Despite criticism from its NATO allies, Turkey would only give up co-producing a long-range air and missile defense system with a Chinese firm currently under US sanctions if the company were to decide to pull out of the deal, leading Turkey to talk to other bidders, Prime Minister Recep Tayyip Erdogan said on Thursday.
Speaking to journalists while returning from his Kosovo trip on Thursday, Erdogan reiterated that Turkey will go ahead with purchasing the Chinese defense system as the firm is the only one that is willing to co-produce the defense system with Turkey and is also offering the cheapest contract price.
“Following the Chinese defense system, co-production of France and Italy comes with an extra $1 billion, followed by the US with an extra $1.2 billion and Russia requires $4 billion extra and Russian's system is the best in terms of quality and range,” Erdogan said.
A source from a NATO member country, speaking to the Radikal daily on Friday, said, however, that two other bidder companies had also promised technology transfer and co-production but China's bid was the cheapest.
The same diplomat also told the daily that although it appears that the Chinese company will be transferring technology to Turkey during the co-production of the missile system, the Chinese firm will be making use of Turkish engineers' ability to work with the US and European countries in production of defense systems, a gain that outstrips Turkey's benefits in the co-production of FD-2000 system. The diplomat recalled that China was the number one company in “industrial espionage.”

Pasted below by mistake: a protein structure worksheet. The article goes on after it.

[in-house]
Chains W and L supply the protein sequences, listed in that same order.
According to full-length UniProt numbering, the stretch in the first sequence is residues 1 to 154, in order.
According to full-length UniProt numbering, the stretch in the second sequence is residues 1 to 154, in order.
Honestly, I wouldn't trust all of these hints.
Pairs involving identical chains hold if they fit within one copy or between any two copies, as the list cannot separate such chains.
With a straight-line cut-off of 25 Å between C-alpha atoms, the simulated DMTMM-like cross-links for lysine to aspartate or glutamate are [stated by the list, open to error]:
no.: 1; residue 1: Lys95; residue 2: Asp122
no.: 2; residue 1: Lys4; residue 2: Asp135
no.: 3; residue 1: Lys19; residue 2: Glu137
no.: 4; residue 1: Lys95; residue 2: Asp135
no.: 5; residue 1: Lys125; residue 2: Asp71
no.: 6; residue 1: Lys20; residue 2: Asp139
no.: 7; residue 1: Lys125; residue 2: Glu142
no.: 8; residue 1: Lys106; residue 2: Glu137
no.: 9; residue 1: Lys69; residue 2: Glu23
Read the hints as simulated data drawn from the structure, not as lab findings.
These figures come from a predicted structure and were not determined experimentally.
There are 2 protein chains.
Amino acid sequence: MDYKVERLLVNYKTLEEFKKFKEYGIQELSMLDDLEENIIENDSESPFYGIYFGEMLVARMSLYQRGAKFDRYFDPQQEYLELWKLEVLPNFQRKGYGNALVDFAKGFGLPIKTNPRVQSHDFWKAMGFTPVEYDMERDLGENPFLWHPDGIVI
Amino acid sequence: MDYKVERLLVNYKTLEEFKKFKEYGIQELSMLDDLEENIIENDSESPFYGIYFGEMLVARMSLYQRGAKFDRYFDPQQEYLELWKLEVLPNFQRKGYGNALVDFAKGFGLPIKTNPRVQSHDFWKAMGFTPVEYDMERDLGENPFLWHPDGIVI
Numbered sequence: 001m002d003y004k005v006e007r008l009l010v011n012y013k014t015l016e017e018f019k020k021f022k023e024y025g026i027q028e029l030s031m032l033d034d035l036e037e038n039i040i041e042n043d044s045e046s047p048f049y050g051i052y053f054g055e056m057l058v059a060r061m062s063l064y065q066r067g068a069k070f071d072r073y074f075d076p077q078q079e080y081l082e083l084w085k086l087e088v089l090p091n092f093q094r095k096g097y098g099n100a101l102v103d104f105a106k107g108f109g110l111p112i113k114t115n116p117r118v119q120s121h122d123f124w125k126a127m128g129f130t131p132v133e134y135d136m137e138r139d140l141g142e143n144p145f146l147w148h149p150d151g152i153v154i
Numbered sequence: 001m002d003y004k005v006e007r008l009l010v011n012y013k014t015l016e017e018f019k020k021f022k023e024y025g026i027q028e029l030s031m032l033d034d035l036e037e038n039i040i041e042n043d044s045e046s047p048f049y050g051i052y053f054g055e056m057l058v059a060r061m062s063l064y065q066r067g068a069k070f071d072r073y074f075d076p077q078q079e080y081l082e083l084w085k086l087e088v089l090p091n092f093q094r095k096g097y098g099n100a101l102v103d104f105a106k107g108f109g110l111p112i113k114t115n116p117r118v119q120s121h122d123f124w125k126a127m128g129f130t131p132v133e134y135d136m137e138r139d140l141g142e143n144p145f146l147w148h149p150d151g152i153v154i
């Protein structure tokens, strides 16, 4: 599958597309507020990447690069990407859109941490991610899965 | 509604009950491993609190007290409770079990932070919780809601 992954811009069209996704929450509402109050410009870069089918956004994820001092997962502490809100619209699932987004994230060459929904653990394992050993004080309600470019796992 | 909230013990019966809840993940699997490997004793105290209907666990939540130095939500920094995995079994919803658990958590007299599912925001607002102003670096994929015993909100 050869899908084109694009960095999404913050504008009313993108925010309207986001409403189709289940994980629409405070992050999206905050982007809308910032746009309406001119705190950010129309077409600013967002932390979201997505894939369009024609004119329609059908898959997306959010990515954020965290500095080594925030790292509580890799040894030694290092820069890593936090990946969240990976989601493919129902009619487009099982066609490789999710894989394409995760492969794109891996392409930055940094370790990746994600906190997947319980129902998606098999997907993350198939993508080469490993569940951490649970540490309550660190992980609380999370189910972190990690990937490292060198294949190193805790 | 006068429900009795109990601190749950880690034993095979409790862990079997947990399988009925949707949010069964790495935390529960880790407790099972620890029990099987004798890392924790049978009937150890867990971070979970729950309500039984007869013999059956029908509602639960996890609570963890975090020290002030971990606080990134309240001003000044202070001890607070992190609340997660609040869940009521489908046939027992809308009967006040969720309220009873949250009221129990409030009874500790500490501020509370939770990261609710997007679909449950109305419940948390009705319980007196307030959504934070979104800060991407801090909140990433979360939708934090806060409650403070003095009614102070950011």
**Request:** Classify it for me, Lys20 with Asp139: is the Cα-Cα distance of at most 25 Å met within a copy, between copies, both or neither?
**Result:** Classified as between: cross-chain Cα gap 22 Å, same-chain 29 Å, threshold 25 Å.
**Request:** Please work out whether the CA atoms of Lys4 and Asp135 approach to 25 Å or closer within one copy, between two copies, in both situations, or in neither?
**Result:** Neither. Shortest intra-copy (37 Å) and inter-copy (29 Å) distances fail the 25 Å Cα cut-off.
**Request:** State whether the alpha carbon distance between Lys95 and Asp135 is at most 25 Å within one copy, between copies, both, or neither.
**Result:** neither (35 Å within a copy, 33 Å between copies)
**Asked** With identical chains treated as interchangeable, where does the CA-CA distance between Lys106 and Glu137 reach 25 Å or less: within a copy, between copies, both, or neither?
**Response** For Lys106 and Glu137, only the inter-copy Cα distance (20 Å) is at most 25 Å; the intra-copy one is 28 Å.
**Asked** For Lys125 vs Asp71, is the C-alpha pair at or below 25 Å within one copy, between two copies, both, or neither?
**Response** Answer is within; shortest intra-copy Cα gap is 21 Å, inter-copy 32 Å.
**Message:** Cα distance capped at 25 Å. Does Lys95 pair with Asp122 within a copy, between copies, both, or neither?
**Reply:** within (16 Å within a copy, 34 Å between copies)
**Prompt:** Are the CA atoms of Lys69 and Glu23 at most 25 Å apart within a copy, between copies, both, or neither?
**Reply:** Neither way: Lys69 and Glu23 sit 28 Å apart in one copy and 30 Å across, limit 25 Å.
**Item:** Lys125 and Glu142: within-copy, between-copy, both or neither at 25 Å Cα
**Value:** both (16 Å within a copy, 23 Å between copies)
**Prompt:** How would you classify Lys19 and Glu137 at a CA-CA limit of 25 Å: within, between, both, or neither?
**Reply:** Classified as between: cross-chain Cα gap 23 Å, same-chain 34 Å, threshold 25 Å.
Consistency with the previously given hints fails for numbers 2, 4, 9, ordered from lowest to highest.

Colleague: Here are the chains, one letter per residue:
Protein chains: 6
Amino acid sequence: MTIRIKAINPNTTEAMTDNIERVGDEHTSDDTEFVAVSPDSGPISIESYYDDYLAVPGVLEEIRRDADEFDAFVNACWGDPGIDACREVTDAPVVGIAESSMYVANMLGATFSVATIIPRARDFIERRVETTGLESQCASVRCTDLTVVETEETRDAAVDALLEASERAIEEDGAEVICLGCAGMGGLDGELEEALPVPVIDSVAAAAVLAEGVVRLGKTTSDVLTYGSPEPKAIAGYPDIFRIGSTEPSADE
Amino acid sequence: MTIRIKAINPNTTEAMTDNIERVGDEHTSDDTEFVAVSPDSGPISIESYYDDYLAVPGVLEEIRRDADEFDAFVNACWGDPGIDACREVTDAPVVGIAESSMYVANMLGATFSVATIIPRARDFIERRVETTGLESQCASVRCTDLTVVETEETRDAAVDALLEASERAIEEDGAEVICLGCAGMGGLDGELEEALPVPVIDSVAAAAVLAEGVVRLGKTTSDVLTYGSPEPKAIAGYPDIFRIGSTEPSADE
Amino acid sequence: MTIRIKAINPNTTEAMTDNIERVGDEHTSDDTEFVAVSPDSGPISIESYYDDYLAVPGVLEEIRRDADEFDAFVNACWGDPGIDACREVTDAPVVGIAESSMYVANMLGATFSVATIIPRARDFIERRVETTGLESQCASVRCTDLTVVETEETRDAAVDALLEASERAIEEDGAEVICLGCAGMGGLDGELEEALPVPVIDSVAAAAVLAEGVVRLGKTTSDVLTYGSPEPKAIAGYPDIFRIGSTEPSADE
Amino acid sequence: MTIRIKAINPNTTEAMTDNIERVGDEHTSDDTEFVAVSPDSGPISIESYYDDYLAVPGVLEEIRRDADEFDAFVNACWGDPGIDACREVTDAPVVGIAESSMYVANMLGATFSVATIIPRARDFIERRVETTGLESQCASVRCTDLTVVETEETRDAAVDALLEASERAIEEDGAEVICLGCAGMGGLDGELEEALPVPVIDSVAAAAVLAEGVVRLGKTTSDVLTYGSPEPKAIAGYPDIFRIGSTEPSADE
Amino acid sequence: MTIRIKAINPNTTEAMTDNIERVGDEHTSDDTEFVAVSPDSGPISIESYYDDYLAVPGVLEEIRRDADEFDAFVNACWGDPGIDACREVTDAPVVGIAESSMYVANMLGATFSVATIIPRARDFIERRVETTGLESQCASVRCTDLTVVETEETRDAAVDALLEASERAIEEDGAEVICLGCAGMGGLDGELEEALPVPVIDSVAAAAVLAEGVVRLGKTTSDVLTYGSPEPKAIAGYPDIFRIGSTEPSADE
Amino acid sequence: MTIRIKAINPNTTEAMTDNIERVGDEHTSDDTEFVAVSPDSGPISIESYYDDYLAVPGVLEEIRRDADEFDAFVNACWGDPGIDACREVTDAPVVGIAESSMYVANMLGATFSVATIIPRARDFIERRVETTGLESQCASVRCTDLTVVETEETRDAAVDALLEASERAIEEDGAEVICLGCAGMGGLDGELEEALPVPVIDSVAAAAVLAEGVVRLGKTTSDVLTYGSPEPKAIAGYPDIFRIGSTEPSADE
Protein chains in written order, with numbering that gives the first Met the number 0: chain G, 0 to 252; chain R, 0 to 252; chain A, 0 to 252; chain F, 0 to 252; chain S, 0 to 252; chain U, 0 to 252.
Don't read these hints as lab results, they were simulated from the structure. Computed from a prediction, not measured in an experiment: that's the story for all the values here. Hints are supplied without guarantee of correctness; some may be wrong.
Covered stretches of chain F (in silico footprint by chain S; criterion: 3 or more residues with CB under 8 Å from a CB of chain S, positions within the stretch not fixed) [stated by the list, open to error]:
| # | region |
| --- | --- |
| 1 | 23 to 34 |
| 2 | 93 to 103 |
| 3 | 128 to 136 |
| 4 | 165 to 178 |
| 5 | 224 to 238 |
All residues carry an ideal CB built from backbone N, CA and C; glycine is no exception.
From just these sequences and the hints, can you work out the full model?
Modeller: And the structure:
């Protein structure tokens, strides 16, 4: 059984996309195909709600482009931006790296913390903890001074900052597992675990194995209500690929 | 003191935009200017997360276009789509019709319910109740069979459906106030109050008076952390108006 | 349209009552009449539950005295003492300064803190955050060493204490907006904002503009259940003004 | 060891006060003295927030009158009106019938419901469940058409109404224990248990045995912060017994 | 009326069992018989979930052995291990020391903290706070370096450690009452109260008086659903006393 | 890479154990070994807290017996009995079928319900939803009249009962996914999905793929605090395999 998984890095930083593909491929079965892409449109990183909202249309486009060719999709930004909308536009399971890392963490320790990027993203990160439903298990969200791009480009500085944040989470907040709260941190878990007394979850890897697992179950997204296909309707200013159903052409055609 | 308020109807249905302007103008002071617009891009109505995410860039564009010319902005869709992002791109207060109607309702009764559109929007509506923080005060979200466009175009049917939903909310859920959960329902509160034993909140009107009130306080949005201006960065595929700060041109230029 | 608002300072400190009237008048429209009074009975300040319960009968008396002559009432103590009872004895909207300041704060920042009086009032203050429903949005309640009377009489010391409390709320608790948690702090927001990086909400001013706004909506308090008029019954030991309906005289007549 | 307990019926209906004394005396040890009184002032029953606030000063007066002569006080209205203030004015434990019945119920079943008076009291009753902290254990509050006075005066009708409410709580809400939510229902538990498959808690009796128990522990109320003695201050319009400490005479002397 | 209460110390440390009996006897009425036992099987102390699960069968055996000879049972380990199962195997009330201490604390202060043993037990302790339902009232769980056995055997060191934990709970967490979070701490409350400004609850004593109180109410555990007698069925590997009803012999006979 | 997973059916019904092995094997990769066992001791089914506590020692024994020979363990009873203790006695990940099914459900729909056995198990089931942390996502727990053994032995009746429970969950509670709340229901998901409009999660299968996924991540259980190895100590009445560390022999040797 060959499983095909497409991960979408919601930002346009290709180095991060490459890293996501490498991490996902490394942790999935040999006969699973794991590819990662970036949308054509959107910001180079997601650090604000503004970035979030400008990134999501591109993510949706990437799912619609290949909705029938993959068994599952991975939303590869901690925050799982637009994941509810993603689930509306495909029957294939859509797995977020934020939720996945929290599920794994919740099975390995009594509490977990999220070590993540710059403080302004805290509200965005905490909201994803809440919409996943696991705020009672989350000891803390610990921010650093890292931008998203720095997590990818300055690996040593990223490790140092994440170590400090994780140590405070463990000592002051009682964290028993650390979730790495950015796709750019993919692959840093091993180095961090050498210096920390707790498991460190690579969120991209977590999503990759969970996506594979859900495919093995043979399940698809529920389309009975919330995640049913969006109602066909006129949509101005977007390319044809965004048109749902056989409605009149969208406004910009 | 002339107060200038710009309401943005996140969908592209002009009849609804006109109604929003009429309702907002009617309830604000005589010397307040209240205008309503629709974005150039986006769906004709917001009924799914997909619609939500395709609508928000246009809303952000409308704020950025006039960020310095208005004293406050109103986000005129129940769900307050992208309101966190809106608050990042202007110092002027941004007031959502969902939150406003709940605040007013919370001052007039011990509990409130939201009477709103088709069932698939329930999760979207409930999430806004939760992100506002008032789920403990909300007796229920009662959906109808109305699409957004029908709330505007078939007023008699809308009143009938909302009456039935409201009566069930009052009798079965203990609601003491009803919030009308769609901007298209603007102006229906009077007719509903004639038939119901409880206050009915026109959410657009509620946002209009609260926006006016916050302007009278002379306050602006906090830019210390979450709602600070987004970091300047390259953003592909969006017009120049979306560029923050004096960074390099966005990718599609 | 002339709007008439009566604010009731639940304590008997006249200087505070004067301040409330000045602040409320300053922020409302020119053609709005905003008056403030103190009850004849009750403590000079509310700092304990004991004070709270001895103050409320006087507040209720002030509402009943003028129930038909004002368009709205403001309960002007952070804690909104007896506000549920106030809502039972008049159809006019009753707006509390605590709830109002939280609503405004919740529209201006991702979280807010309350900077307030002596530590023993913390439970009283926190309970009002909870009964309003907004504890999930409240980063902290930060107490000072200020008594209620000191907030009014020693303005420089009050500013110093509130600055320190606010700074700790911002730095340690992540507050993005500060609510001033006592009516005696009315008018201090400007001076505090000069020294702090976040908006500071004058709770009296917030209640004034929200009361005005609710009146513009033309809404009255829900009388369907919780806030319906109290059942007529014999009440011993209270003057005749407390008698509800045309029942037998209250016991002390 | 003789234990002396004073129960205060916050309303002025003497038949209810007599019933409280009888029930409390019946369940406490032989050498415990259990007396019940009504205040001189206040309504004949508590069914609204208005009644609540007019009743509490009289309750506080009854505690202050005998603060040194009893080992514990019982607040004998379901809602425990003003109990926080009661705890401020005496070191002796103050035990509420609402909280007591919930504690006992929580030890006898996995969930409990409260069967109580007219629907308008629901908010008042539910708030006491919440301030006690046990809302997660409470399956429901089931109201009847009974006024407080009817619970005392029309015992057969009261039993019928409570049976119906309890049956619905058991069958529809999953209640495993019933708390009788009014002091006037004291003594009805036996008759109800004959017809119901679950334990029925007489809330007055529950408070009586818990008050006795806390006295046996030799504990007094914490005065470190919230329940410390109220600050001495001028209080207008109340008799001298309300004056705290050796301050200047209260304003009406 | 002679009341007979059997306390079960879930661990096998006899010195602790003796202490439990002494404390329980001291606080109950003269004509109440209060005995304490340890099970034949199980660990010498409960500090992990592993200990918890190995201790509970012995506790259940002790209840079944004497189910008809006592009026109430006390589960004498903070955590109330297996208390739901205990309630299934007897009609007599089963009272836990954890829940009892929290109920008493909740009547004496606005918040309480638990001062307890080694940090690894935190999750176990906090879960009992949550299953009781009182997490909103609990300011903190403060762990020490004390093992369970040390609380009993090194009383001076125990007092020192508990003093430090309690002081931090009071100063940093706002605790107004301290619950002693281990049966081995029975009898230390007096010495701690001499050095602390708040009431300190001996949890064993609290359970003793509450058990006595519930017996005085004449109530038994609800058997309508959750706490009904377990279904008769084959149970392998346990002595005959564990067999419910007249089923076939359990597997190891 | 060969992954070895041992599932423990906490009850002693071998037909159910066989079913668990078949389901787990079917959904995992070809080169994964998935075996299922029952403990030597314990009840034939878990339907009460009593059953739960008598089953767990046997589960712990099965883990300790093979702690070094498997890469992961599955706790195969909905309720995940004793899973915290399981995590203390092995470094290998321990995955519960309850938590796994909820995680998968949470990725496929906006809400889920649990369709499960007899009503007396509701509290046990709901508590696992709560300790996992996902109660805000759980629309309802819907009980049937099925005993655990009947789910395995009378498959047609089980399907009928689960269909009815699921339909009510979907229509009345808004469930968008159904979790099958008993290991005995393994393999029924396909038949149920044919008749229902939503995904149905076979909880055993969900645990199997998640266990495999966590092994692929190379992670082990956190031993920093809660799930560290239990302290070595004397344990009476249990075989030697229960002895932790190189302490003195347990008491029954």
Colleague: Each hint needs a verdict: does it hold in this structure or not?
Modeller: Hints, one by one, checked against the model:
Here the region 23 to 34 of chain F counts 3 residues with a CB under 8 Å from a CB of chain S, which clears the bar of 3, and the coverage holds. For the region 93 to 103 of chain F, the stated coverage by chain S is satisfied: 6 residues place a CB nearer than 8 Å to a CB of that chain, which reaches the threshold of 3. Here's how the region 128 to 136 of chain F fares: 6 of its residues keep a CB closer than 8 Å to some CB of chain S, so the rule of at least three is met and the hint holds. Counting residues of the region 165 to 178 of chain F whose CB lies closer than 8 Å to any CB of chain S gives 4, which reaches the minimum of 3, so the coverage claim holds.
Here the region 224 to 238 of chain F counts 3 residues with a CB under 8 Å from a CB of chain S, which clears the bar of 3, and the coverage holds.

NATO sources also told the daily that Turkey will have to share many of its “military secrets” with the Chinese company while integrating the FD-2000 missile system into its own defense system. “It will be nothing but giving the key to the NATO defense system's back door to the Chinese company,” said one source.
Washington and NATO have reiterated their concerns over Turkey's decision to select a Chinese missile system for its long-term, long-range missile and aerial defense program, codenamed T-Loramids -- a move that angered the US, saying the system would not be compatible with those of Turkey's other allies.
“My answer to NATO is that nine of its members still hold Russian made missiles. They had to get those missiles out of their inventory. The Chinese system will be checked to see if it fits NATO standards,” Erdogan said.
NATO Secretary-General Anders Fogh Rasmussen stated on Tuesday that arms purchases were national decisions but stressed the importance of interoperability between the systems nations plan to acquire and the systems of other NATO countries.
The NATO sources who spoke to the Turkish daily also claimed that Turkey in the past criticized Greece and NATO ally countries for their purchase of Russian S-300 missiles, citing the “security risk” the missiles might pose to NATO countries.
Another NATO official, Oana Lungescu, said at a press conference on Monday that the organization couldn't be more worried about the Chinese-made air-defense system's interoperability with the alliance's integrated defense systems.
China dismissed concerns about Turkey's decision to co-produce a long-range air and missile defense system with the Chinese firm, China Precision Machinery Import and Export Corp (CPMIEC), saying that the US and others were needlessly politicizing a purely commercial deal.
CPMIEC was sanctioned by the United States in February for violations of the Iran, North Korea and Syria Nonproliferation Act.